The centerpiece of the Celler Jaume in Sant Sadurni d’Anoia is a giant, white-topped desk. Every day, when he comes to work, Bruno Colomer expresses himself all over it with variously colored marker pens; on it, he says, “he plays”. He creates and hones his works of art which, at the end of every day, are erased by the cleaners. Sometimes he does it himself. In temper. When he has got something wrong.
The desk is an XL memory pad as well as a laboratory blackboard. It is where he plans his mousses and maintains his persistent crows. On it, he works out his calculations and writes down satellite data, weather forecasts, and expected day and night-time temperatures. He covers it with equations and formulas like Arello + Macabeo + Parellada. Occasionally the letters “repeat” appear.
The desk is the hub of Ravenos Codorníu’s Enological innovation, research, and experimentation center in Sant Sandurni d’Anoia, forty-five minutes by car from Barcelona. Bruno used the desk to plan precision viticulture, his strategies, and tactics. On it, he laboriously works out the meticulously balanced pressing, and the first and second fermentation aging needed to create the world’s most famous Cava sparkling wines; but he also uses it for his garden design. For his Barcelona home and the one in the Codorniu winery in the Penedes countryside, in Catalonia’s coastal hills a 45-minute drive from the city. He must be one of the only enologists who is also his winery’s head gardener.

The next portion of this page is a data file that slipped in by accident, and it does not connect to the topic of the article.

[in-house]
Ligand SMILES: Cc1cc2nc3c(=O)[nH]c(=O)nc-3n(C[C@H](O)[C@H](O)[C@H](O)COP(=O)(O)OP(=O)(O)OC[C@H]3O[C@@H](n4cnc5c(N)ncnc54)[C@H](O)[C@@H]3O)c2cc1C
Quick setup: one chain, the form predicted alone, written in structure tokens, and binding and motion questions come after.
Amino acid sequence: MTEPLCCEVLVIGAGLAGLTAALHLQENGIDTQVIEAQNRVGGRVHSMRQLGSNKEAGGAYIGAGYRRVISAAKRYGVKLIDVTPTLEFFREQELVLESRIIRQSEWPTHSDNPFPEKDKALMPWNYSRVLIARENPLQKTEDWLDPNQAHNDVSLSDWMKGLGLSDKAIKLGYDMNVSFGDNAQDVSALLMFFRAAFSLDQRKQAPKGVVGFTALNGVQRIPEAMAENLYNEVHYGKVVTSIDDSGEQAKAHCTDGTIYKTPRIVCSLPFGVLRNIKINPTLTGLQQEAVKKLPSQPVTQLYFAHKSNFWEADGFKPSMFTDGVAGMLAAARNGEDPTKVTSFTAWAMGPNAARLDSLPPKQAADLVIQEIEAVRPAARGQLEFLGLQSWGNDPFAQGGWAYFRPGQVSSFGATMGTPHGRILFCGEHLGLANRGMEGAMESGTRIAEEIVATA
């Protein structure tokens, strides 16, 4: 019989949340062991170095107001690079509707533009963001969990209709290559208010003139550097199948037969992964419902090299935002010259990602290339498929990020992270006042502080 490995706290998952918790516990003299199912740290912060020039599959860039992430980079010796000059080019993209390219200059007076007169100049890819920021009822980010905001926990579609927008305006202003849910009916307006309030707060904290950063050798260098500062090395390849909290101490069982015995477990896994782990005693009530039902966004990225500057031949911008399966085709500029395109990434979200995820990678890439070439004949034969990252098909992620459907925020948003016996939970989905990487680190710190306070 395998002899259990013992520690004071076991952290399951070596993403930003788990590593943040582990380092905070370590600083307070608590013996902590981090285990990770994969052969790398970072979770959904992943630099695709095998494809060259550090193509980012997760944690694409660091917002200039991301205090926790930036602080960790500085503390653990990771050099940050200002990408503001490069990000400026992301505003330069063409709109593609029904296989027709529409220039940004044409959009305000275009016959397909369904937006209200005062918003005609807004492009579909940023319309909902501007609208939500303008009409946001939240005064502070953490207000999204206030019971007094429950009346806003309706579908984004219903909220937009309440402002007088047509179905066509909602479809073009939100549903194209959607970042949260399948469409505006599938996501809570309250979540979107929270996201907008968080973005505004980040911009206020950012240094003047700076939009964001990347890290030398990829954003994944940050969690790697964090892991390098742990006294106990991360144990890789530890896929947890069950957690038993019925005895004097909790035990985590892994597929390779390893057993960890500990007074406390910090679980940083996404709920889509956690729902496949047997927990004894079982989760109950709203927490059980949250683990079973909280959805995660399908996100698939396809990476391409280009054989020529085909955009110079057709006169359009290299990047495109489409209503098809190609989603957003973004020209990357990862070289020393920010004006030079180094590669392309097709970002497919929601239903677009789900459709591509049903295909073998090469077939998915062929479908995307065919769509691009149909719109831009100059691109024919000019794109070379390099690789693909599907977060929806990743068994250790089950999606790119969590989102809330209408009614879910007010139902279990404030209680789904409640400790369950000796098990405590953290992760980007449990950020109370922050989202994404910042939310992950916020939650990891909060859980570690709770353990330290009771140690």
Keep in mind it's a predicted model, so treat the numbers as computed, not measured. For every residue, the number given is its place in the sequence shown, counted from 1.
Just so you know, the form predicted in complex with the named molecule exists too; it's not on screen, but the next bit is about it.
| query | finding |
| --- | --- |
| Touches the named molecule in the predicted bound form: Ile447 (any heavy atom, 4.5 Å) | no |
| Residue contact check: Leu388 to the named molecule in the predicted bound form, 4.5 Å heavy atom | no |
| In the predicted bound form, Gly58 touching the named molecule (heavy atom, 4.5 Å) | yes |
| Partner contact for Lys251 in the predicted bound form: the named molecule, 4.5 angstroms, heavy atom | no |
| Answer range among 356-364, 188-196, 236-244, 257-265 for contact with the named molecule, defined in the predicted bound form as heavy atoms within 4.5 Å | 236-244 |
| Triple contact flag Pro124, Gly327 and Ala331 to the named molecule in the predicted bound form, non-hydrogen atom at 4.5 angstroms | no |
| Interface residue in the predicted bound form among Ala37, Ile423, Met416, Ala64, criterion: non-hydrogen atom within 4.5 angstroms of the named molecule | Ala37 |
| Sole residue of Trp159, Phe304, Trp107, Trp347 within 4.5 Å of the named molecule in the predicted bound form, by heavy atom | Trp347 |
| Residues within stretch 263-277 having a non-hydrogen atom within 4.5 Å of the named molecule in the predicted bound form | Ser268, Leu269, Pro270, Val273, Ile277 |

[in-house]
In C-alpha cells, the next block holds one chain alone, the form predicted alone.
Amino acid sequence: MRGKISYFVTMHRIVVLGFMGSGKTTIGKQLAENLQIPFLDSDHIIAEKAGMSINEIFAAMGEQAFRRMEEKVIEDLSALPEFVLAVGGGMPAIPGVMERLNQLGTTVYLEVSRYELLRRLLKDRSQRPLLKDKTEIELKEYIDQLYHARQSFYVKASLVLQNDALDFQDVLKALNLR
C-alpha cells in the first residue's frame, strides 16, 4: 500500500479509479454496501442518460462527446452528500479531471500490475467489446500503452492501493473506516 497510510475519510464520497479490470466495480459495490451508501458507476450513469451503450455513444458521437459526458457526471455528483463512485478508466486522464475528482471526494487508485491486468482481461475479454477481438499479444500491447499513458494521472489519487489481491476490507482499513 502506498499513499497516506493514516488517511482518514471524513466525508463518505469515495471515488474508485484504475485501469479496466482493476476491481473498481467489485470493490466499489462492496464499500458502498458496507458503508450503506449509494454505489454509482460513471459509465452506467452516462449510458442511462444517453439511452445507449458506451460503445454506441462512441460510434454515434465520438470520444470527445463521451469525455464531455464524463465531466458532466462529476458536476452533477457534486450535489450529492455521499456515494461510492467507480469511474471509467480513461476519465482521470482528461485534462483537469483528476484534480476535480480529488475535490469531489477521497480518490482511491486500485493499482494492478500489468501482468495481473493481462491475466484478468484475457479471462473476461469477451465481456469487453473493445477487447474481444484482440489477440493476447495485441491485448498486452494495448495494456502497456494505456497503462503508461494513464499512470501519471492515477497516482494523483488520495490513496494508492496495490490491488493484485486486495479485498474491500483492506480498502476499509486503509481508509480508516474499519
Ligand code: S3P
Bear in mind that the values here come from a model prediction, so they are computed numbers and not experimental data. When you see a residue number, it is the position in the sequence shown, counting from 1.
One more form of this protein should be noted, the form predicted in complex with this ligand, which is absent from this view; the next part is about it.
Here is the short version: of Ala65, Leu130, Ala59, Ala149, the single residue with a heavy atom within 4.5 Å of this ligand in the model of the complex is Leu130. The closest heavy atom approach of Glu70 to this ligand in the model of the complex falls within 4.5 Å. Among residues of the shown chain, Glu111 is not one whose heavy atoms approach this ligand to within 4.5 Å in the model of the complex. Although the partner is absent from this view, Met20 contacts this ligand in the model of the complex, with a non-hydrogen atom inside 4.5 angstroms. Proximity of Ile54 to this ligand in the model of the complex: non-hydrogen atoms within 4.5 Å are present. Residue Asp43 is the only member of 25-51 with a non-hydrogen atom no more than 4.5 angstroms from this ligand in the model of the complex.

“A garden design must take into account that the garden must be enjoyed for twelve months. Every season has its particulars so we need to plan to bear in mind colors and aromas. The same thing happens with Cava. It has to be enjoyed all year and has its nuances. Colors, aromas, pairings, moments, and company.
“Cava is the only drink when you uncork it which rings smiles into people’s faces. Any moment is perfect to celebrate. My favorite pairings are simple; with sardines or a green salad.”
Born in Sant Cugat del Vallès in Barcelona, Colomer has a degree in Agricultural Engineering from the Polytechnic University of Catalonia and completed his training with a Diplôme National de Enology from the University of Burgundy in Lyon in France.
“In those days, Spain did not have any wine schools. I had a very good teacher, Juan Jose Castro, who was the cellarmaster at Codrioniu! from there, I started working in Mont Ferrant in 1996.”
After working as technical director at Heretat Mas Tinell in the Penedes, in 2008 Bruno Colomer joined the company now headquartered in Haro Rioja with its famous Cava winery in the Catalan Alt Penedes.
Codroniu produces 30-something million bottles a year from its 2,500 hectares of vineyards, which supply half of its needs. It has pioneered modern cava making. The first Cava containing chardonnay appeared in 1984. In 2001, the first rosé Cava made with pinot noir was released and the first blanc de noirs using pinot noir in 2008.